• Summary
  • Contents
  • Subject index

This new English translation of François Jullien’s work is a compelling summation of his thinking on the comparison between Western and Chinese thought. The title, From Being to Living, summarises his essential point: that western thinking is obsessed by – and determined as well as limited by – the notion of Being, whereas traditional Chinese thought was always situated in Living. Organized as a lexicon around some 20 concepts that juxtapose Chinese and Western thought, Jullien explores the ways the two have historically evolved, and how many aspects of Chinese thought developed in complete isolation from the West, revealing a different way of relating to the world. Translated by Michael Richardson and Krzysztof Fijalkowski, this text explores Chinese thinking and language in order to excavate elements from them that reveal the fault lines of western thinking. This is an important book for students, scholars and practitioners alike across the Social Sciences.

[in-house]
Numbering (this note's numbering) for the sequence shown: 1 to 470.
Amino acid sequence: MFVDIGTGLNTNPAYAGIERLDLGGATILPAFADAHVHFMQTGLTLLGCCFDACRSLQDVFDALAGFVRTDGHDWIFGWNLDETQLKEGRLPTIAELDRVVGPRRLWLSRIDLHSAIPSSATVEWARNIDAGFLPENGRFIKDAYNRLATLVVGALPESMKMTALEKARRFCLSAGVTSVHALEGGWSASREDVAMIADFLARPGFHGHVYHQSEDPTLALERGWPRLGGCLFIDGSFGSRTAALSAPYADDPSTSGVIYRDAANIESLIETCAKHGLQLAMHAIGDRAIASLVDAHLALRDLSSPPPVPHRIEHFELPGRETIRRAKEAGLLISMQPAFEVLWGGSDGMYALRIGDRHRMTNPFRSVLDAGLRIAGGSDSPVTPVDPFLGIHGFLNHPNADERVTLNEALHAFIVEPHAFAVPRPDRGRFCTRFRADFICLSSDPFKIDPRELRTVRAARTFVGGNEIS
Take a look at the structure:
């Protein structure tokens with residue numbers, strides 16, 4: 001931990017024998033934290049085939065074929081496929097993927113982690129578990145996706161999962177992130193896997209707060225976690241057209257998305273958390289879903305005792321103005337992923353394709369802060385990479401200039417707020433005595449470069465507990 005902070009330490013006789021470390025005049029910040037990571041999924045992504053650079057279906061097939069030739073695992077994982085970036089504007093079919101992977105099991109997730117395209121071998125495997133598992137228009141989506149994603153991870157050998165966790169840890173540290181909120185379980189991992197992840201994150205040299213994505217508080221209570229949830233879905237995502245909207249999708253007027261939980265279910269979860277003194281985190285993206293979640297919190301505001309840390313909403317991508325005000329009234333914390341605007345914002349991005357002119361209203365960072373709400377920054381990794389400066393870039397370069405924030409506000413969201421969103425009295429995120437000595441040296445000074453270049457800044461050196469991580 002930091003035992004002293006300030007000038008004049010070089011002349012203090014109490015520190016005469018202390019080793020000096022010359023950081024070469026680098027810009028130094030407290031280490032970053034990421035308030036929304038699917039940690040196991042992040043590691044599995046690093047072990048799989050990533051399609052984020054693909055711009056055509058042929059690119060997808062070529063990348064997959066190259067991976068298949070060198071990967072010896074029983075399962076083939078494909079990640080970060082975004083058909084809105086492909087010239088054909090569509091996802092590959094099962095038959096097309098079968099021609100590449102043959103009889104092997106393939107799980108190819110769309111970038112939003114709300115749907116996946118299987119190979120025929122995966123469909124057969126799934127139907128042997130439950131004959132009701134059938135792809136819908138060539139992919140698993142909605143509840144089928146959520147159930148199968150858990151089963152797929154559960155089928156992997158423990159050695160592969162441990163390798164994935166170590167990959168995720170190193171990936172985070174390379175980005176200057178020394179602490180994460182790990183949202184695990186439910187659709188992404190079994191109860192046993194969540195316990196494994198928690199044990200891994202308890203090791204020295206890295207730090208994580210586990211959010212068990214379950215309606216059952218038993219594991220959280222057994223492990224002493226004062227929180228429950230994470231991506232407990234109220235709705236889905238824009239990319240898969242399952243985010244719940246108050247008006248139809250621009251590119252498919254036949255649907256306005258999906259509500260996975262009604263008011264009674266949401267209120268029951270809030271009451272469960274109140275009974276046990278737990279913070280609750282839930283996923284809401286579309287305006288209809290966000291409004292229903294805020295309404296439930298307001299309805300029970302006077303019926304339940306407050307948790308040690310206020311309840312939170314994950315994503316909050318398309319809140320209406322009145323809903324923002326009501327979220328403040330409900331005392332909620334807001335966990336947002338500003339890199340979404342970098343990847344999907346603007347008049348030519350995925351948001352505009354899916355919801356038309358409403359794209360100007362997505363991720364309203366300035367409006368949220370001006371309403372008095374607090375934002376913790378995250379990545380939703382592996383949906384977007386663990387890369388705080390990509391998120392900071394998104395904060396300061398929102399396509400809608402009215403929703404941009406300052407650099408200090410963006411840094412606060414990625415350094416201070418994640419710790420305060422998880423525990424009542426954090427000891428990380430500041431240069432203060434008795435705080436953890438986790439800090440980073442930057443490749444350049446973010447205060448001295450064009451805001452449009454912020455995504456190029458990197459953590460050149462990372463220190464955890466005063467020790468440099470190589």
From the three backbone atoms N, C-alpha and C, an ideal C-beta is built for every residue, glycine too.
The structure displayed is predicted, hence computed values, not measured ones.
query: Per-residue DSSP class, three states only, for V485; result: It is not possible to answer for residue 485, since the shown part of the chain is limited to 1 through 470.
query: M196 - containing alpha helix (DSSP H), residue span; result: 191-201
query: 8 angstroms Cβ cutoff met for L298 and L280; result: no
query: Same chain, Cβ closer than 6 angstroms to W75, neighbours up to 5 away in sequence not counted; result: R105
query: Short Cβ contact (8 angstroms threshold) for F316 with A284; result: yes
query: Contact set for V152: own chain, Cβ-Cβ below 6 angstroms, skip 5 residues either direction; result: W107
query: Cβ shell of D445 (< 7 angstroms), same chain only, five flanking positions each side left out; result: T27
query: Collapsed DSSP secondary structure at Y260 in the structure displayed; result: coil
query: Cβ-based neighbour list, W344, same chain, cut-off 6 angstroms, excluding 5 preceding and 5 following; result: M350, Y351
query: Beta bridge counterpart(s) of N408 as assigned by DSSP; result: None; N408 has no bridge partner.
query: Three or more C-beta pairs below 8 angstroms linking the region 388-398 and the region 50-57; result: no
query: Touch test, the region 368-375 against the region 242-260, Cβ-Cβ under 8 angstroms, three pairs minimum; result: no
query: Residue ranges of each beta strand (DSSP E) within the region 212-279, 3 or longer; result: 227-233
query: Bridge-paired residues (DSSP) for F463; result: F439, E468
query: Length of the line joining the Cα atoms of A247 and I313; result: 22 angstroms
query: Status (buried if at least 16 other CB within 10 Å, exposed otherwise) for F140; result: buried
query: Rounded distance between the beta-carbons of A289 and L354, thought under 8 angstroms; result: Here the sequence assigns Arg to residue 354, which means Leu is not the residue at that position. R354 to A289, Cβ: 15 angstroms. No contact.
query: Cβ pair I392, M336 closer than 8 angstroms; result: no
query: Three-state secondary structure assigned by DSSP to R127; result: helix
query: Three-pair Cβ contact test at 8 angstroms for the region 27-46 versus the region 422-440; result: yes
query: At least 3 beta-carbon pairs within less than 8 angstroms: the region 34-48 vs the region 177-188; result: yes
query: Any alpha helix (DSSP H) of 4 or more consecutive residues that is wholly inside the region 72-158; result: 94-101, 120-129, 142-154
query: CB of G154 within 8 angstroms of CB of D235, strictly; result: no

Coherence (vs Meaning)
Coherence (vs Meaning)

1 As coherence is ordinarily understood in the shadow of meaning (Sinn and Zusammenhang are still synonyms for Freud), I will have to take a knife so as to cut out the pith more delicately still between these two notions, to begin by cutting into their false synonymy, and to do so once again to pit them against one another so as to construct two rival logics between which existence chooses. The logic of Meaning is what we know best as the founding relationship of ontology. This begins with the reciprocal exclusion of contraries, between ‘being’ and ‘non-being’, or ‘truth’ and ‘opinion’, in Parmenides. It is then articulated through the Platonic theory of the communication of genres as it ...

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